HealthDay News — A non-stigmatizing message about serious mental illness (SMI) can increase public support for investing in mental health services, according to a study published online April 1 in the Journal of Health Politics, Policy and Law.
Emma E. McGinty, Ph.D., from Johns Hopkins University in Baltimore, and colleagues conducted a randomized experiment involving 1,326 participants in a nationally representative online panel. Participants were randomly allocated to a control arm or to read one of three narratives about SMI emphasizing violence, systemic barriers to treatment, or successful treatment and recovery.
The researchers found that narratives emphasizing violence or barriers to treatment were equally effective for increasing the inclination to pay additional taxes for improvement of the mental health system (55 and 52 percent, respectively, compared with 42 percent in the control arm). Stigma was increased only for the narrative emphasizing the link between SMI and violence.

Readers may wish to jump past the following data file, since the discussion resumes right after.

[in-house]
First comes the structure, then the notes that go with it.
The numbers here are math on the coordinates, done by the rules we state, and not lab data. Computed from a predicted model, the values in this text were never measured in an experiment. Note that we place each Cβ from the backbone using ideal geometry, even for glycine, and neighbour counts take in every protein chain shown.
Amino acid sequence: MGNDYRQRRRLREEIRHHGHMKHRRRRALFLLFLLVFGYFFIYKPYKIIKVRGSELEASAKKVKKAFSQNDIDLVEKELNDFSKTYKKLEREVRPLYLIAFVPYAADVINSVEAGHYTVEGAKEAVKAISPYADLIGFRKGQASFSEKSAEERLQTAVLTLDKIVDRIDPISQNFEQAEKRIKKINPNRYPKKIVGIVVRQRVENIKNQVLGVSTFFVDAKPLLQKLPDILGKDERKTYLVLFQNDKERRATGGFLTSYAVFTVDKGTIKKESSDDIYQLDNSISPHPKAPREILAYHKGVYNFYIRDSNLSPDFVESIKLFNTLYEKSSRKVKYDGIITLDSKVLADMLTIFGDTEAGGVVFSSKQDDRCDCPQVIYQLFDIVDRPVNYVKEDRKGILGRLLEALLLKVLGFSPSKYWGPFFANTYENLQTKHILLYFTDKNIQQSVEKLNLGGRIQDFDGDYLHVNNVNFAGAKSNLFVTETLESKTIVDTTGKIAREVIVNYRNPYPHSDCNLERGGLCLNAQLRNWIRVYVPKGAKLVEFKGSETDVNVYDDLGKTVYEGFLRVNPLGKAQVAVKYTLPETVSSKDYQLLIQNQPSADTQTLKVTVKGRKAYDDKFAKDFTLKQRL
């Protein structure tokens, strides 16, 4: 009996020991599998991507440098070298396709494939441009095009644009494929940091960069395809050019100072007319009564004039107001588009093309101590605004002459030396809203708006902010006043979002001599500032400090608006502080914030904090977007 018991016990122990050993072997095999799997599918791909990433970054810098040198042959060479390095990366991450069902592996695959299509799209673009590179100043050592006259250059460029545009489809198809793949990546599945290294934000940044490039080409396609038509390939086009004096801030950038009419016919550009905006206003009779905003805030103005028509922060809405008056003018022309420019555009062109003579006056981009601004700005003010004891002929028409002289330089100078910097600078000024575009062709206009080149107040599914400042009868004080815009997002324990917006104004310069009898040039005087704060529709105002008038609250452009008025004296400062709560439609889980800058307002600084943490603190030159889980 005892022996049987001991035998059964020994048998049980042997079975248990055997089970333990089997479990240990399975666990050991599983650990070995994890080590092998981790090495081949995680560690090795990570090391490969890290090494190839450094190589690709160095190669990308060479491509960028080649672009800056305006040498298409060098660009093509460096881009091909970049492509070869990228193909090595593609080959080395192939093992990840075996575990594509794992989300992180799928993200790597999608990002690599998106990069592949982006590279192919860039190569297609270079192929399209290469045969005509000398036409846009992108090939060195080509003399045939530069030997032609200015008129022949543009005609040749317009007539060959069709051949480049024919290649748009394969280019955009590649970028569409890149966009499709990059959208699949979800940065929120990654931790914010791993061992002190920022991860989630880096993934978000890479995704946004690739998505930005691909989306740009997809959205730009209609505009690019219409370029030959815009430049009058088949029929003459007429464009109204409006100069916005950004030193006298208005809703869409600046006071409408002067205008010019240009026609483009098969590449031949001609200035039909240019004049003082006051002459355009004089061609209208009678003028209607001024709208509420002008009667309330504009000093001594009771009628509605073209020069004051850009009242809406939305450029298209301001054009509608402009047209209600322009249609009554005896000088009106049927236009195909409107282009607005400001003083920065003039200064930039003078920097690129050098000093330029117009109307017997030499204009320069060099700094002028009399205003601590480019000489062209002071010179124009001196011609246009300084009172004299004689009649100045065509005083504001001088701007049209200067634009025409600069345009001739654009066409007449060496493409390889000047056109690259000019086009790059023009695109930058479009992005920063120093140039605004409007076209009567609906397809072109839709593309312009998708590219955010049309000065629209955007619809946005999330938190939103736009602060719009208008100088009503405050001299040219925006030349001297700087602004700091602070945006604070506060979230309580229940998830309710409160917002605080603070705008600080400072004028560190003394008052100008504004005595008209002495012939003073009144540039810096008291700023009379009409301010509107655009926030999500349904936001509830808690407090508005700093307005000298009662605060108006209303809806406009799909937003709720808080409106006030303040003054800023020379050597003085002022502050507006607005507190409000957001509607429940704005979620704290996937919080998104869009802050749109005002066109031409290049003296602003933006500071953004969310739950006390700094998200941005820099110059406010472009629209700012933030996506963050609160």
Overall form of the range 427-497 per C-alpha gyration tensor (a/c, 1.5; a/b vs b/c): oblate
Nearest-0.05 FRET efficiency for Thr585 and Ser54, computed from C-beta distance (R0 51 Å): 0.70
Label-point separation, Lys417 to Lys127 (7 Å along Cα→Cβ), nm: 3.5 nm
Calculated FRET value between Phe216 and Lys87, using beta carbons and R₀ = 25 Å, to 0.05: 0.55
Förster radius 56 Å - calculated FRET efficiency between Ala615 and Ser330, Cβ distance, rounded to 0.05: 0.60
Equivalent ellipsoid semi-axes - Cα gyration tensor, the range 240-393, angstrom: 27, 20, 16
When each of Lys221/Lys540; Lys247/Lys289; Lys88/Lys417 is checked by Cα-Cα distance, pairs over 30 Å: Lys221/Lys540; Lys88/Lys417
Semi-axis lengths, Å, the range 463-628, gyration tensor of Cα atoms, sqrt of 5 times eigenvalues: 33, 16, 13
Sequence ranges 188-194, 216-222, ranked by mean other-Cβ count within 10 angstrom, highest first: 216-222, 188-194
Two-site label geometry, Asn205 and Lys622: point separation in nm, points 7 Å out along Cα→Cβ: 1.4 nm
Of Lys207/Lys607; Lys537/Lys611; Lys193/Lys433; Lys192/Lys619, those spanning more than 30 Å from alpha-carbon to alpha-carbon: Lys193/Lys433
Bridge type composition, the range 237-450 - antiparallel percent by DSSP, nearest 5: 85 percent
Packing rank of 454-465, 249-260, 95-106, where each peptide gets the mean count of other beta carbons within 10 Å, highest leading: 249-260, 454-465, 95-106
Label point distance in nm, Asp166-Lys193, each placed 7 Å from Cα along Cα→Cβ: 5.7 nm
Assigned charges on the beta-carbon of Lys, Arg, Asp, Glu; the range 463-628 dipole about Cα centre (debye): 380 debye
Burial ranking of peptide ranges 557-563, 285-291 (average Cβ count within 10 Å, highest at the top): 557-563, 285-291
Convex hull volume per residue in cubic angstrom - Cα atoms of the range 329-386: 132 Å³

“For mental health advocates dedicated to improving the public mental health system, these findings offer an alternative to stigmatizing messages linking mental illness and violence,” the authors write.